Playing with your puppy is a wonderful bonding experience, and tug is a favourite game for many. Tug games can be used to teach impulse control, will allow your puppy to release pent up energy. It can also be a fantastic way to redirect puppy biting.
Puppies’ teeth are sharp. Razor-sharp. And so when choosing a tug toy for your puppy, I would recommend choosing a longer tug toy like this one to put more distance between your hand and your puppy’s teeth and to stop them from accidentally practicing teeth on skin! I use double-stitched tug toys from Tug-E-Nuff.
TOP TIP: A large toy they can ruff and tumble with can really help with puppy biting!
Puppy shampoo, a brush and comb
You will likely get some toilet training accidents. That’s not just puppy pees and poops where we’d rather they didn’t, but also while your pup masters their peeing stance, there are, ‘leg sprinklings.’
It’s really important to get your puppy used to grooming from a young age. Your puppy’s grooming needs will vary according to their breed and coat. All pups will benefit from being gently introduced to bathing and brushing. I recommend introducing bath time without any water in the bath to begin with.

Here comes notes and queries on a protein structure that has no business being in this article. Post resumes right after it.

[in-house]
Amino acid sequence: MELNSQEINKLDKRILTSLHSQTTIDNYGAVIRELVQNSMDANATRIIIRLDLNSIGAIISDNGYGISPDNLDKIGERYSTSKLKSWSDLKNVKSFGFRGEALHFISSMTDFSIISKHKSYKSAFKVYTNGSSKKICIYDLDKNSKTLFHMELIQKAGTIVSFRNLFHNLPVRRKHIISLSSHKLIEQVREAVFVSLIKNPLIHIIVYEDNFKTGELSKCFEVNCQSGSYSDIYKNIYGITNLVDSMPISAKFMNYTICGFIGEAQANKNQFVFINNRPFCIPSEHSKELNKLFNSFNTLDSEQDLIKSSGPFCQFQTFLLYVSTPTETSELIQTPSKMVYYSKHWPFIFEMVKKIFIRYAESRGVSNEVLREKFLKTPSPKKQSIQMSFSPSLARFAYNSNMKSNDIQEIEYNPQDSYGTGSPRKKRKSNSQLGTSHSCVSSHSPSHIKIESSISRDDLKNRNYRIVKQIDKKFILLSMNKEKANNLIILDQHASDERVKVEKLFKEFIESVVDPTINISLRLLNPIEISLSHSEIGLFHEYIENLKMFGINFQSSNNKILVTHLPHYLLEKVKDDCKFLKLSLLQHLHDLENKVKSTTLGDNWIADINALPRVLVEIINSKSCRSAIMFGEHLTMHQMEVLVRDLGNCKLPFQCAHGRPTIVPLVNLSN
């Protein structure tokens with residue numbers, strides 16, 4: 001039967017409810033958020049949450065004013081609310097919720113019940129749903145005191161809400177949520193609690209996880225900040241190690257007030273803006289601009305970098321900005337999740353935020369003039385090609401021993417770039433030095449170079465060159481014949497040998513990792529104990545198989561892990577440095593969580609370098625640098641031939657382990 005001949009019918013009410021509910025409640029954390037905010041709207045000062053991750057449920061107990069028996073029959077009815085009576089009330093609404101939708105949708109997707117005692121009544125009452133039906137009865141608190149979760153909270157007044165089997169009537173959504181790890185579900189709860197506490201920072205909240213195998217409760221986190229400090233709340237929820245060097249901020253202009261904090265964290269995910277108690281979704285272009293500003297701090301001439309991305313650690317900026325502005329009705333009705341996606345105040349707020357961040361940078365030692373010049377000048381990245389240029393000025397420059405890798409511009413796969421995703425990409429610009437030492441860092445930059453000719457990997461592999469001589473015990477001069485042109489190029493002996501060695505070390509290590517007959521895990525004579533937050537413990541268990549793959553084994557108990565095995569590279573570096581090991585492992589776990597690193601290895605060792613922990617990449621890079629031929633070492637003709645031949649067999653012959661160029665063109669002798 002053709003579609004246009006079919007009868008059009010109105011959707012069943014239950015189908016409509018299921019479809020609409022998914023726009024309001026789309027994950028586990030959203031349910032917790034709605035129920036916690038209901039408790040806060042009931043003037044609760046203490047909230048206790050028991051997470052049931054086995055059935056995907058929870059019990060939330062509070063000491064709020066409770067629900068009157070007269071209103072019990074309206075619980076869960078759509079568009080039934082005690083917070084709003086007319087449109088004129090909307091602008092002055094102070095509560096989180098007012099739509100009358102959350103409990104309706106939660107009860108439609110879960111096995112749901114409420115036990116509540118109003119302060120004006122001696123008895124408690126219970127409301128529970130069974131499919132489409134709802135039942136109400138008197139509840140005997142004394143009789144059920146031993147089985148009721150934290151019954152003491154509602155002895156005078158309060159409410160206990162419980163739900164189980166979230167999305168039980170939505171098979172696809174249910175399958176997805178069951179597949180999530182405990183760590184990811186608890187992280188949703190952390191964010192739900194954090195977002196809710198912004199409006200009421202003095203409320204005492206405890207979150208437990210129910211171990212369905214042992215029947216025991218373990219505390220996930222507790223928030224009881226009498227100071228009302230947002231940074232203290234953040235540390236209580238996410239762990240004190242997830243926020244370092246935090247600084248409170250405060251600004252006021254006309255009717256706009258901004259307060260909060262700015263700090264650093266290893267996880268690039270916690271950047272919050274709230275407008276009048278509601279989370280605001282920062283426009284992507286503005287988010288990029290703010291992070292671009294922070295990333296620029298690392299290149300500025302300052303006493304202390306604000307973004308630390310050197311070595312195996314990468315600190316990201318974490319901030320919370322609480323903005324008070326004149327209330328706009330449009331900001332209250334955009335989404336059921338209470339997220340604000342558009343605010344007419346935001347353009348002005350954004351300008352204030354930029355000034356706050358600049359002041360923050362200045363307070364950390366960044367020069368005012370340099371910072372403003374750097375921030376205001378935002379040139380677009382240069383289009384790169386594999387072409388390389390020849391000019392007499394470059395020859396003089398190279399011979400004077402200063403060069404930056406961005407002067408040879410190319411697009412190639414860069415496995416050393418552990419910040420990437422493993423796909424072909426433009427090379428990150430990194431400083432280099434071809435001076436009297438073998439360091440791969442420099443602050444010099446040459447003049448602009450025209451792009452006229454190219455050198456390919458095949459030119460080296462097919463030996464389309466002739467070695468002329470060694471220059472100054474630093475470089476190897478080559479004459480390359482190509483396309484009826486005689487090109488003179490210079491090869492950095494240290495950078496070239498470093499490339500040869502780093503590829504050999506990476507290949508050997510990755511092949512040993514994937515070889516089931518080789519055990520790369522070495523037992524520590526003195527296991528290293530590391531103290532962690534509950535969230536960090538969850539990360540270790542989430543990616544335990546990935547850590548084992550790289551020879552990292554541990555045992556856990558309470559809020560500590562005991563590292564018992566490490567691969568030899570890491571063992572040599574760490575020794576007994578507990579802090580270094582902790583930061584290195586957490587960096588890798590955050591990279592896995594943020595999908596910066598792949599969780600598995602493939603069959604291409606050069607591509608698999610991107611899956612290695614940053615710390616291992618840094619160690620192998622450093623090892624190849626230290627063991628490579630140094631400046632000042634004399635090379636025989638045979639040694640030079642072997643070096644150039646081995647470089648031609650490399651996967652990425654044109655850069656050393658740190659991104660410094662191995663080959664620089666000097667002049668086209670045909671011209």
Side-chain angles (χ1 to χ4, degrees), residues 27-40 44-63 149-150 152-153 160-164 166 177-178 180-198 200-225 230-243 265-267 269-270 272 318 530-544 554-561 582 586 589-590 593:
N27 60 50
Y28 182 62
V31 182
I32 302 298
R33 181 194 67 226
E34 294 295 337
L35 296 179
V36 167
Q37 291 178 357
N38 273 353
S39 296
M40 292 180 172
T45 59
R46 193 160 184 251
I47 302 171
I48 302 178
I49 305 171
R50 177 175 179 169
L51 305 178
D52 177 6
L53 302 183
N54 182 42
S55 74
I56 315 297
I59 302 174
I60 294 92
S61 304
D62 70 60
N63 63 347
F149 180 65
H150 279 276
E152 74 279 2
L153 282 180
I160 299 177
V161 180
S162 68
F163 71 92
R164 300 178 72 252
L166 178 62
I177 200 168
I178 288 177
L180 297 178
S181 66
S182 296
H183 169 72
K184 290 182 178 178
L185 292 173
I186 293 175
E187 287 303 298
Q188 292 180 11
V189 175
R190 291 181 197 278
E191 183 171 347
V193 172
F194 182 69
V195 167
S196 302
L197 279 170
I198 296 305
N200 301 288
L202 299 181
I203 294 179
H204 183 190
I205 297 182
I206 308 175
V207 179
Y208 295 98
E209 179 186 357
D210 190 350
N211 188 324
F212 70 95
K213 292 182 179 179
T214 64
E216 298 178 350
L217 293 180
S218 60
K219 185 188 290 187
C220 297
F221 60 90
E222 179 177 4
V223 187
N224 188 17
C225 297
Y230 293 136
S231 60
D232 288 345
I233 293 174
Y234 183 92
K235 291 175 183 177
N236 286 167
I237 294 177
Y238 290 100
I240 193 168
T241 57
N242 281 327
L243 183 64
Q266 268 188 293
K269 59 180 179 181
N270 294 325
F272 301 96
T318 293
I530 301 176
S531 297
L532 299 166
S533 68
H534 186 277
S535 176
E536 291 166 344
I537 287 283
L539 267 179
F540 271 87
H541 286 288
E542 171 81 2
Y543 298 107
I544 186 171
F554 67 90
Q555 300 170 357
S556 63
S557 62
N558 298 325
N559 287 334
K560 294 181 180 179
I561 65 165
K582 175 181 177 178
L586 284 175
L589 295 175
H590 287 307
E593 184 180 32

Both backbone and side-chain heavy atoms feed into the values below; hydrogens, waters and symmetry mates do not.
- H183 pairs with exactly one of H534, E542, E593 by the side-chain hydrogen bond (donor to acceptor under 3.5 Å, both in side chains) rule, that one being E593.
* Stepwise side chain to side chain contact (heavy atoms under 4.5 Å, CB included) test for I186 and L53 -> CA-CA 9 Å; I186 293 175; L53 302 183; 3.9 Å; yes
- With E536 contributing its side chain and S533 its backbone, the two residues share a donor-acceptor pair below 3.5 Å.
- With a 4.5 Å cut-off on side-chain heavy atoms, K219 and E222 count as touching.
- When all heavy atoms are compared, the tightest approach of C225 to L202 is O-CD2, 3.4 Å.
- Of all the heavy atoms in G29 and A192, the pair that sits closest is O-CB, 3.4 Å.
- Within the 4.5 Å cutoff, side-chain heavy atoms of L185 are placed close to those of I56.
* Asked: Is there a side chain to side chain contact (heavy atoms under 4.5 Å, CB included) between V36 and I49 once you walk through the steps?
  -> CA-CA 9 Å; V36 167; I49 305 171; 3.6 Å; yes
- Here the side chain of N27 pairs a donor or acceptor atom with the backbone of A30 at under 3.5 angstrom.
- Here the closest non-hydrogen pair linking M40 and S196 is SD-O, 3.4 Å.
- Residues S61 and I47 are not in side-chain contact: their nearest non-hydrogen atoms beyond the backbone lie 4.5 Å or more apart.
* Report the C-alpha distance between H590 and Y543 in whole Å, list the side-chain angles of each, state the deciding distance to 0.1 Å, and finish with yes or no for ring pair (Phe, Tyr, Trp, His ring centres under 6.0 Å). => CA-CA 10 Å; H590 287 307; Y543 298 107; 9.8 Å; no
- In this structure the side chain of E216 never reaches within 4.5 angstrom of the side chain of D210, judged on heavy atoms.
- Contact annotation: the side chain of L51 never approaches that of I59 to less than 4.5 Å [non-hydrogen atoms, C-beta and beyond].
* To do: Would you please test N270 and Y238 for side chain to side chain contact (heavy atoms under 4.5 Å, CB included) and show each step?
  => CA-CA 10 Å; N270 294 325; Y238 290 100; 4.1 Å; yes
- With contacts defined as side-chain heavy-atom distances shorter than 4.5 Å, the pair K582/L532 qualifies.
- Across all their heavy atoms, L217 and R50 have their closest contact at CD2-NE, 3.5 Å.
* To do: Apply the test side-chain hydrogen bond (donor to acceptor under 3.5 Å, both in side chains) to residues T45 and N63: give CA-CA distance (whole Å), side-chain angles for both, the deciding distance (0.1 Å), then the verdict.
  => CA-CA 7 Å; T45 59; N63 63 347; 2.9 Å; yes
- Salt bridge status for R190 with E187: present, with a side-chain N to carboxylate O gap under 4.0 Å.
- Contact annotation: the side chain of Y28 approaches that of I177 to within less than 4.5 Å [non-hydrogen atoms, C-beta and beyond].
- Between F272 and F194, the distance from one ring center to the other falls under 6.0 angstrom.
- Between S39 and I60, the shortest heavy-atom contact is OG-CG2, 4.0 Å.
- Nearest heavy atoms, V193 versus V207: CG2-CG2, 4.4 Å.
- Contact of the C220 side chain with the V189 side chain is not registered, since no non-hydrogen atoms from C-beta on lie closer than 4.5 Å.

Use a natural canine shampoo, which is specially formulated to be gentle on your puppy’s skin.
One of the most important items on this new puppy checklist is often overlooked by new puppy owners. Mental stimulation is as important as physical exercise! When your puppy is small, they need to be walked for shorter stints rather than going on huge hikes. This is especially true for large and giant dog breeds.
Enrichment toys are an excellent way to encourage your puppy to engage their brains, use their nose, and keep out of mischief! If your puppy is busy solving a puzzle or snuffling for treats, then he’s not chewing your shoes or nipping at your ankles!
Snuffle mats, puzzle toys, Kongs, and slow feeders are popular choices when starting to get your puppy used to settling.
For more tips, advice, and support with your new puppy, please join the free Facebook group, which will give you access to a community of other puppy owners to help you on your journey!